It consists of a short conversation with Wally Rippel, a long-time researcher in electric vehicle batteries who has worked in both government and industry.
The 5-page conversation begins on page 171 and is most interesting for the bit of background given on Wally’s experience talking about cold fusion at Caltech, one of the premier research universities in the US.
Here’s a brief excerpt of the conversation the author/editor Craig Shields had with Wally:
CS: OK, thanks. I think I understand the physics now—at some level, at least. But why is this so controversial? Why do people believe that this is bad science, a hoax? I would think that it either happens or it doesn’t.
WR: Actually, the human side of the equation is even more interesting than the science. There has been a calculated effort to discredit the idea of cold fusion. For obvious reasons, cold fusion threatens existing energy-related interests, and those interests have been intensely aggressive with throwing people off the trail.
CS: But I heard that the people who looked into this couldn’t find nuclear products.
WR: Ah. That’s simply not true. The researchers from Cal Tech and MIT did find nuclear products; they fudged the numbers to get the DoE off the case. The US Navy and Lawrence Livermore have also found clear evidence of nuclear results. And even when they admit they find nuclear products, they would say things like, “Oh the engineering on this will be really hard.” I’m not saying it will be easy, but that’s like saying, “There is a trillion dollars in that safe over there, but there is no use trying to get at it because the combination lock might be hard to open.” All these ridiculous ideas are a result of the enormous pressure to agree with the idea that cold fusion is a hoax.
CS: To me, this sounds a lot like what I hear about the science—and the politics—behind global warming. I hear that even extremely senior people are ostracized all the time for not conforming to the mainstream viewpoints on the subject.
WR: Exactly right. Dr. Peter Hagelstein at MIT, best known for his X-ray laser, is also a strong proponent of cold fusion. He’s been isolated from the entire scientific community because of that belief. Some of the people who had investments in cold fusion testified against it, apparently so that they could maintain majority control of the development of the technology.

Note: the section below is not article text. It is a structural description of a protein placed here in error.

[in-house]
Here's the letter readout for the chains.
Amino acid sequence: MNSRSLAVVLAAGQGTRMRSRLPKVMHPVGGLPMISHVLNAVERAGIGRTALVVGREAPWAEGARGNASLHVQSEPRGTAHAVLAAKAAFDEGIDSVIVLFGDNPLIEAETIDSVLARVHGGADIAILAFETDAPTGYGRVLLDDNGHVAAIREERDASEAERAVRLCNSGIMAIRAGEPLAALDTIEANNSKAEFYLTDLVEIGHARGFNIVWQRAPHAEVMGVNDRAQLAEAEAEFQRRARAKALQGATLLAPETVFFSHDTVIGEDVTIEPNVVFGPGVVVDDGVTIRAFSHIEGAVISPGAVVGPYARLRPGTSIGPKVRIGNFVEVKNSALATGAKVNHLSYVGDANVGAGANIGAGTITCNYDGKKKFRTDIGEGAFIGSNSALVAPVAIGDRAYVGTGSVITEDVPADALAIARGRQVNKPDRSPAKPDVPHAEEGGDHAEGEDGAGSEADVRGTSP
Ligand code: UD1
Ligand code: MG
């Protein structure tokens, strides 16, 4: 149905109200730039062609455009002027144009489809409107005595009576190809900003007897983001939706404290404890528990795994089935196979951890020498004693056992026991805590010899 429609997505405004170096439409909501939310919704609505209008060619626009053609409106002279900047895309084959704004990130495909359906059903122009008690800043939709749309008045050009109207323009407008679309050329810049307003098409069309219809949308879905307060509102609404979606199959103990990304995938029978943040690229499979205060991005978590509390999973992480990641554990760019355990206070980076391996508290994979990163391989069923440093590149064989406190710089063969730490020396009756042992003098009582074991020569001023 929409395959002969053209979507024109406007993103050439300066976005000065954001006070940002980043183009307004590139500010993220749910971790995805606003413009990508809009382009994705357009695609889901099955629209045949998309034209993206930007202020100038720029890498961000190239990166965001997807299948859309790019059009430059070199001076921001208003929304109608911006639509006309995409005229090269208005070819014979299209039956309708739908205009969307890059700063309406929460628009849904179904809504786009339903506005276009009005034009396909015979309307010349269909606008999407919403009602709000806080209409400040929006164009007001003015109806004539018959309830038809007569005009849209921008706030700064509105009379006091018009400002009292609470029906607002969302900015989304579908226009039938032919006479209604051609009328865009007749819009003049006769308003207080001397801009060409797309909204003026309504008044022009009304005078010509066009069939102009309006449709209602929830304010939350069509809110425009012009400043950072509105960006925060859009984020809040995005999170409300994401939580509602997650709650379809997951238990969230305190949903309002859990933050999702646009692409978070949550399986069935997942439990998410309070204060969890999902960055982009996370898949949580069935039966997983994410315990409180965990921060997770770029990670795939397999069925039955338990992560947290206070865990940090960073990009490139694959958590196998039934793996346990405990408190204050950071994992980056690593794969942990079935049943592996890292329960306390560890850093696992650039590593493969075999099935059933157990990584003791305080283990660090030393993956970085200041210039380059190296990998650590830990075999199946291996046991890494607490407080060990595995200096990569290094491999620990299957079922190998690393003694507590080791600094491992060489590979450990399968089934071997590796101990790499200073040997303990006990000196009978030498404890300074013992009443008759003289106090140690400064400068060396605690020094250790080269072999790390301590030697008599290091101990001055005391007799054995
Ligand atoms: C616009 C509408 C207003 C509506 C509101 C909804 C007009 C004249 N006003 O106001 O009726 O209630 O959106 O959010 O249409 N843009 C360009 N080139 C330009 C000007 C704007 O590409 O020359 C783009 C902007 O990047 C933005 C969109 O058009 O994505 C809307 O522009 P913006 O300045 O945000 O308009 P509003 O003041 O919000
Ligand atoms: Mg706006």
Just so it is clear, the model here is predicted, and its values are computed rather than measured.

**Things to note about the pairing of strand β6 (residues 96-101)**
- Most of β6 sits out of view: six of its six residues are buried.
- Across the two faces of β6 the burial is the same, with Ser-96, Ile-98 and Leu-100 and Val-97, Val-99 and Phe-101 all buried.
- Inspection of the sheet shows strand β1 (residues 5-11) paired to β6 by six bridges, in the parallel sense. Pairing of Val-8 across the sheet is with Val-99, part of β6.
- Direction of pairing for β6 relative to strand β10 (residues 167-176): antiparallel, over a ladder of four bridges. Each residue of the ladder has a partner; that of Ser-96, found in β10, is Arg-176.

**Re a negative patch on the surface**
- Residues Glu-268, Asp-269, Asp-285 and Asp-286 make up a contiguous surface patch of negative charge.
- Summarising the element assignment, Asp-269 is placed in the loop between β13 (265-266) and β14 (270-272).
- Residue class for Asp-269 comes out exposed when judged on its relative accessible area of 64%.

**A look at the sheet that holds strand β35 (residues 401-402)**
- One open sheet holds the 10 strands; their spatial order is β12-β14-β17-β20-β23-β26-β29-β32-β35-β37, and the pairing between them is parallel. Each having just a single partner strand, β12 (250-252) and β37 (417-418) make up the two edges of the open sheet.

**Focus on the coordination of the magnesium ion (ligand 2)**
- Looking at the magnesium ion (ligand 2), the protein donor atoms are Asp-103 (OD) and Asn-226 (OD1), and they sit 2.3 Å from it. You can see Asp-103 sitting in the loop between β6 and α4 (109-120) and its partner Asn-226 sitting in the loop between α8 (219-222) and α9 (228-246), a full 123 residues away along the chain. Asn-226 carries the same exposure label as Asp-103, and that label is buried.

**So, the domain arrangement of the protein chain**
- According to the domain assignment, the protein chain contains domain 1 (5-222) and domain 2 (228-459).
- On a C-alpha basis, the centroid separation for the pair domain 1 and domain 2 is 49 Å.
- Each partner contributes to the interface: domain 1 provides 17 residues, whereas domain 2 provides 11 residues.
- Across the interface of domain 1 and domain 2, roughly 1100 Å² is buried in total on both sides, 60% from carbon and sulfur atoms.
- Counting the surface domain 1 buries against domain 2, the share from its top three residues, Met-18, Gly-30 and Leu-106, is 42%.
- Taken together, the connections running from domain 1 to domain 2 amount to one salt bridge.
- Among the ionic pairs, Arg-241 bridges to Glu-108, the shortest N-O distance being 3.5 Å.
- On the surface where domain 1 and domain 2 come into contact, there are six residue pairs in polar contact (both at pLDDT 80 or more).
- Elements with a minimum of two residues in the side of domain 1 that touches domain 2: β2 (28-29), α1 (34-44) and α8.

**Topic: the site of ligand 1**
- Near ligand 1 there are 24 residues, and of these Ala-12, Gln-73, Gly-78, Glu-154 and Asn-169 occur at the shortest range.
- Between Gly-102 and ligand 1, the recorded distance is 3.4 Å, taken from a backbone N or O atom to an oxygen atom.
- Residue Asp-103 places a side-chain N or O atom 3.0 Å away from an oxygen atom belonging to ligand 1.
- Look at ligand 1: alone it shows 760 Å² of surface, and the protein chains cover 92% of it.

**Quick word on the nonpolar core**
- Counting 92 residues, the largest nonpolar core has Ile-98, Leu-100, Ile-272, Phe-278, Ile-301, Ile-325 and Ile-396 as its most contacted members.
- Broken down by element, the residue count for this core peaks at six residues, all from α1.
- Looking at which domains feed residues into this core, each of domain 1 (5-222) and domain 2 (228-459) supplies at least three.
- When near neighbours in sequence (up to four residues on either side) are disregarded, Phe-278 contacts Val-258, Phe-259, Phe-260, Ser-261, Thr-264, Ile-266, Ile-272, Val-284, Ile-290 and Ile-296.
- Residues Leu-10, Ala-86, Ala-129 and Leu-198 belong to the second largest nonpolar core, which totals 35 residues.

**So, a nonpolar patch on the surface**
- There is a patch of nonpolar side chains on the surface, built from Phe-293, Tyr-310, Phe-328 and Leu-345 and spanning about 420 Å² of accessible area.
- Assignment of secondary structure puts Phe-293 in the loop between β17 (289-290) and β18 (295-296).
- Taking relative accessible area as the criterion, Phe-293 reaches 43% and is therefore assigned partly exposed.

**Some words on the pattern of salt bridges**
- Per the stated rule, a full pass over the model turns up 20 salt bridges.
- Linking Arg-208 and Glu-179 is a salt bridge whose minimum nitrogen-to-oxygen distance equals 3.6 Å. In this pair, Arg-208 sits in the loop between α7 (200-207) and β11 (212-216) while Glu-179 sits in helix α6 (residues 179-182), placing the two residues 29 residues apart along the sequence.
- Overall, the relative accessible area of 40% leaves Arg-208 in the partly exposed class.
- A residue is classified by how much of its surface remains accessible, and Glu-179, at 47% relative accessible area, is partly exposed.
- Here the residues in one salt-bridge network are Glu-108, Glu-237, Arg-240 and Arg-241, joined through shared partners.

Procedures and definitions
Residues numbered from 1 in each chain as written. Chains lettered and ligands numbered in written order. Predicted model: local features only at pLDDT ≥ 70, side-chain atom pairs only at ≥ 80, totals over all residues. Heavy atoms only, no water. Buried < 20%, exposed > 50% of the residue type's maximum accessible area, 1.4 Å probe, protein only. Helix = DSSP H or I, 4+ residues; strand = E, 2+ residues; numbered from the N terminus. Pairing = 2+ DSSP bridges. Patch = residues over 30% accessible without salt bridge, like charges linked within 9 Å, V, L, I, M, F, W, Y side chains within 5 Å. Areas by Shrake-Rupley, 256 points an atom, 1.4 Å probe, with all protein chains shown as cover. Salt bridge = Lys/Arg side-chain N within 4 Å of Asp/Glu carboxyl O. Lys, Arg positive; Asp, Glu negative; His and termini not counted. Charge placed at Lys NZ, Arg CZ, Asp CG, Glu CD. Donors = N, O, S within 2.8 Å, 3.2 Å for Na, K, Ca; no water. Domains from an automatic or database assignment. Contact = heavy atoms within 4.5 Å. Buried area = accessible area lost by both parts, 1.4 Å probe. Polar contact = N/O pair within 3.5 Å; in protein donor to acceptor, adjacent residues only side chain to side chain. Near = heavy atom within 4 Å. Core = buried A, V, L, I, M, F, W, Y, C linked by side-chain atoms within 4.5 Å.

“Yet despite all the active attempts to divert attention away from cold fusion, the technology carries with it an enormous amount of credibility—but most of it is very quiet. For instance, the US Navy has performed experiments producing neutrons in groups of three. Also, there is an internal memo within DARPA in which they clearly state that they believe that cold fusion is real.”
“Energy companies have worked hard to discredit cold fusion, though, with the Obama administration, they will have a harder time doing this than they did under Bush.”
“Cal Tech has done almost no research in the subject. After the Great Electric Car Race, I was asked to be the parade master for the celebration in Pasadena. When he talked publicly about the race, [Cal Tech president] Dr. Lee DuBridge always used my name rather than his own in discussing the project. I once asked him why he did this, and he told me, “As the president of Cal Tech, my number one responsibility is fund-raising. That’s all I’ll say.”
“What you need to know to understand this is that the oil companies make huge annual contributions. Fred Hartley, Union Oil’s president and trustee of Cal Tech, explained that he would tell the school, “We won’t be able to continue to make these contributions if you are developing technology that represents a threat to us.” What Union Oil is doing is not illegal. There’s no law that says an oil company has to contribute to Cal Tech. Depending on your viewpoint, it’s not even immoral.”
A summary/review by George Alger of the the book is available here at Renewable Energy World.
The book is available for purchase or a free download if your register here.